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01-09-2017 | Lung cancer | News

Anti-inflammatory drug may reduce lung cancer risk

medwireNews: A secondary analysis of the CANTOS trial suggests that treatment with the interleukin-1β inhibitor canakinumab is associated with a reduced incidence of fatal cancers, lung cancer, and fatal lung cancers.

CANTOS (Canakinumab Anti-inflammatory Thrombosis Outcomes Study) was designed to investigate the efficacy of canakinumab in patients with atherosclerosis and persistent systemic inflammation who were stable after a myocardial infarction, the study authors explain in The Lancet.

Therefore, although the cancer endpoints were adjudged by a committee of oncologists blinded to allocation, the team emphasizes the need for replicating these exploratory data in formal settings of cancer screening and treatment.

Writing in a related comment, Brendan Jenkins (Hudson Institute of Medical Research, Clayton, Victoria, Australia) also urges caution in interpreting the “largely preliminary” findings.

Nevertheless, he believes that the data “make an important and timely contribution to the paucity of literature on the role of interleukin 1β in lung cancer.”

In the trial, 10,061 patients without a history of cancer and with a persistent pro-inflammatory response, as indicated by high-sensitivity C-reactive protein (hsCRP) levels of at least 2 mg/L, were randomly assigned to receive subcutaneous canakinumab at one of three doses – 50, 150, or 300 mg every 3 months – or placebo.

Over a median follow-up of 3.7 years, canakinumab use was associated with a significant reduction in total cancer mortality compared with placebo (hazard ratio [HR]=0.71). But further analysis by dose indicated this was restricted to patients in the 300 mg group (HR=0.49), with incidence rates per 100 person–years of 0.31 versus 0.64 in the placebo group.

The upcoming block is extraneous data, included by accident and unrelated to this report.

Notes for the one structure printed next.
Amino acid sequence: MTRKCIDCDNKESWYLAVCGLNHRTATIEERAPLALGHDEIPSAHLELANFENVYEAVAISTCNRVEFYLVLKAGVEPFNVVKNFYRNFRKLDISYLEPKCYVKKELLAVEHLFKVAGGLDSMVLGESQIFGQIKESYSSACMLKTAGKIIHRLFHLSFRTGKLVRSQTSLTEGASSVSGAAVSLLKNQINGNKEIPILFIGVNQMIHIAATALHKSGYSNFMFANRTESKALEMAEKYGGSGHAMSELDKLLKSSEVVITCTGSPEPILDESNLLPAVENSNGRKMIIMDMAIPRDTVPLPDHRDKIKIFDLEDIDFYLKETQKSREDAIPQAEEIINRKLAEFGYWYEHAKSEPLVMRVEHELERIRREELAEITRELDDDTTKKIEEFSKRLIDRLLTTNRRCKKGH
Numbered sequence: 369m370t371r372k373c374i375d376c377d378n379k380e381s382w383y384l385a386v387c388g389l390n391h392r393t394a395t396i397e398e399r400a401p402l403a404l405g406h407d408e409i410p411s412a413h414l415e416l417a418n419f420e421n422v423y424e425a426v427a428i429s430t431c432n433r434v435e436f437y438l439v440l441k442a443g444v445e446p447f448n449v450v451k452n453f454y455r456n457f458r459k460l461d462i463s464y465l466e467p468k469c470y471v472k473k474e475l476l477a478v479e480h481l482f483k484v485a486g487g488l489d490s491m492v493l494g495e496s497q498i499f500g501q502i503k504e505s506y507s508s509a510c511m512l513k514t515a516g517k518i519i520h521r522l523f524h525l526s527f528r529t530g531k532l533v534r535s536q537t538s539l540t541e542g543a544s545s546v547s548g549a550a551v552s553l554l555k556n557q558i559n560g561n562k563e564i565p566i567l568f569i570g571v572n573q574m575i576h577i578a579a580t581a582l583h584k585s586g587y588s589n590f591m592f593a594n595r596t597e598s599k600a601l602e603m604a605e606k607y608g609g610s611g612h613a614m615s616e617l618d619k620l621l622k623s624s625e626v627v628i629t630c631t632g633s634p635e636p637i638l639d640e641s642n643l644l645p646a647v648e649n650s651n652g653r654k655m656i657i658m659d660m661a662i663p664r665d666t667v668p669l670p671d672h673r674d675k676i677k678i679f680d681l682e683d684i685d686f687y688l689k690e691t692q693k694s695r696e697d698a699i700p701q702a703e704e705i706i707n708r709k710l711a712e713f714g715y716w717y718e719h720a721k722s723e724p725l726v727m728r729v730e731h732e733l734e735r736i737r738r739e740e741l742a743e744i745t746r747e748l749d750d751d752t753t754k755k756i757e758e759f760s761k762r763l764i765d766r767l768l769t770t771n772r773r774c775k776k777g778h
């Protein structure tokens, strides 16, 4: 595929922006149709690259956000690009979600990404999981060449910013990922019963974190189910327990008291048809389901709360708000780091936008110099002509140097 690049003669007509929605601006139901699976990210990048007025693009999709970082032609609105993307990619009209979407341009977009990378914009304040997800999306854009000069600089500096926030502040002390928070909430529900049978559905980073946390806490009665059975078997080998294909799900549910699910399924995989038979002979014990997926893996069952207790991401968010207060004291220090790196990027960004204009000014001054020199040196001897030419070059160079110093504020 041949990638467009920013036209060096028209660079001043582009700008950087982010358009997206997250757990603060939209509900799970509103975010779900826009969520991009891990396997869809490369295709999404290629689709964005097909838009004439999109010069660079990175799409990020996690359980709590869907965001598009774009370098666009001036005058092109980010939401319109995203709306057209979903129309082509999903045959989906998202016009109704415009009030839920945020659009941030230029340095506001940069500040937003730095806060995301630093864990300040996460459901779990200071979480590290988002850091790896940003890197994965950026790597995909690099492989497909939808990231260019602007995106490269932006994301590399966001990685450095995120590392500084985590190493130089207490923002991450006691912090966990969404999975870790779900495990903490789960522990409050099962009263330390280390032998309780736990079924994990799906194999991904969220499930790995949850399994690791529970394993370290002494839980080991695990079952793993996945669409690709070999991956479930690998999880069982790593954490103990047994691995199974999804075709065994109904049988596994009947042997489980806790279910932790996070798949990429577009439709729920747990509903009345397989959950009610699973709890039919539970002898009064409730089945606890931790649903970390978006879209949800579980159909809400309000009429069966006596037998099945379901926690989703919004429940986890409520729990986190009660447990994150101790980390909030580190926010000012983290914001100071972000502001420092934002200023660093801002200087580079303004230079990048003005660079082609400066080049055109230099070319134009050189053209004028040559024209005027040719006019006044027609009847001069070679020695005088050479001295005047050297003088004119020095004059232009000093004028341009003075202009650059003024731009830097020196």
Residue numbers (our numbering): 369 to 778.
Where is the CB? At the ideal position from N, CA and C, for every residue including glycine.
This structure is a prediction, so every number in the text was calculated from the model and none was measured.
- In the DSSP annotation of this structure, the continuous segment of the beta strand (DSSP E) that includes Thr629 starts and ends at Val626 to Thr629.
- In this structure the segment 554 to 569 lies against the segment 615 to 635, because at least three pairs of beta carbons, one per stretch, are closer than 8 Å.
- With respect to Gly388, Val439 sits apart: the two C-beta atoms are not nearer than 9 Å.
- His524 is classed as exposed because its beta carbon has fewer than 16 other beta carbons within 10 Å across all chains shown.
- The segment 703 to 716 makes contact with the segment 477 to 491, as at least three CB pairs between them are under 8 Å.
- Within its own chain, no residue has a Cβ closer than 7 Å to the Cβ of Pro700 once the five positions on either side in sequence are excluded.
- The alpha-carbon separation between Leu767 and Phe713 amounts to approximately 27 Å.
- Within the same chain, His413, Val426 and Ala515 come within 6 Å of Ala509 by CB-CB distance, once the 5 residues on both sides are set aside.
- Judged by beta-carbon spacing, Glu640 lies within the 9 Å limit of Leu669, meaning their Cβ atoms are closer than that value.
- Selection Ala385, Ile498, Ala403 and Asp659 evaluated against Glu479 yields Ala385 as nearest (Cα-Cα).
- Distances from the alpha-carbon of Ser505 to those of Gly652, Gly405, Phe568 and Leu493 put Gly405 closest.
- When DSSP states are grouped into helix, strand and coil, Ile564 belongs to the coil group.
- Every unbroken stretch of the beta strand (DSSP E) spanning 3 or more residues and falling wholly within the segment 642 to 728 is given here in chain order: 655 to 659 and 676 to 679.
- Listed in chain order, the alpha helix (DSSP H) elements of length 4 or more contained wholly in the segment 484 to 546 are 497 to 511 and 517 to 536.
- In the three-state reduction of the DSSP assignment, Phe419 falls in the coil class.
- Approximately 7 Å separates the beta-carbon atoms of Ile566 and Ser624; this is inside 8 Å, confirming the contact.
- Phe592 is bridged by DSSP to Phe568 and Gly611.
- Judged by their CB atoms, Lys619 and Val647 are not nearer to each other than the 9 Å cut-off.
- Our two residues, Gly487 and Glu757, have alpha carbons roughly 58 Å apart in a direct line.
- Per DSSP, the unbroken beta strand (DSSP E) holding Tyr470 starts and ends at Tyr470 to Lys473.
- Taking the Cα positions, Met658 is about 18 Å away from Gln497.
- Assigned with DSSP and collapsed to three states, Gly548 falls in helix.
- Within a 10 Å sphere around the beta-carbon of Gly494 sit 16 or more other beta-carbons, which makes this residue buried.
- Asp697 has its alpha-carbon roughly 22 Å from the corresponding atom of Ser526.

This decrease appeared to largely be driven by significant reductions in the incidence of lung cancer (HR=0.33), at 0.16 versus 0.49 per 100 person–years in the 300 mg and placebo arms, respectively, and lung cancer mortality (HR=0.23), at 0.07 versus 0.30 per 100 person–years.

The incidence of lung cancer was also significantly lower in the canakinumab 150 mg than placebo group [HR=0.61], with respective rates of 0.30 and 0.49 per 100 person–years.

Canakinumab-treated patients were significantly more likely to experience fatal infections or sepsis than their counterparts given placebo, with an incidence rate per 100 person–years of 0.31 in the pooled canakinumab groups and 0.18 in the placebo group.

Looking to the future, lead author Paul Ridker (Brigham and Women’s Hospital, Boston, Massachusetts, USA) and fellow researchers believe that their data “warrant prospective assessment of canakinumab as a potential therapy for early lung cancers or after imaging-based lung-cancer screening, perhaps in combination with debulking procedures, radiation, and other immunomodulating treatments.”

The commentator on the other hand does not expect the CANTOS findings to directly inform lung cancer treatment, but “they do nonetheless shed light on interleukin 1β as a potential therapeutic target in lung cancer,” he writes.

“Further investigational studies should be done on the role of interleukin 1β in this malignancy.”

The study results were simultaneously presented at the 2017 European Society of Cardiology Congress, held in Barcelona, Spain.

By Shreeya Nanda

medwireNews is an independent medical news service provided by Springer Healthcare. © 2017 Springer Healthcare part of the Springer Nature group

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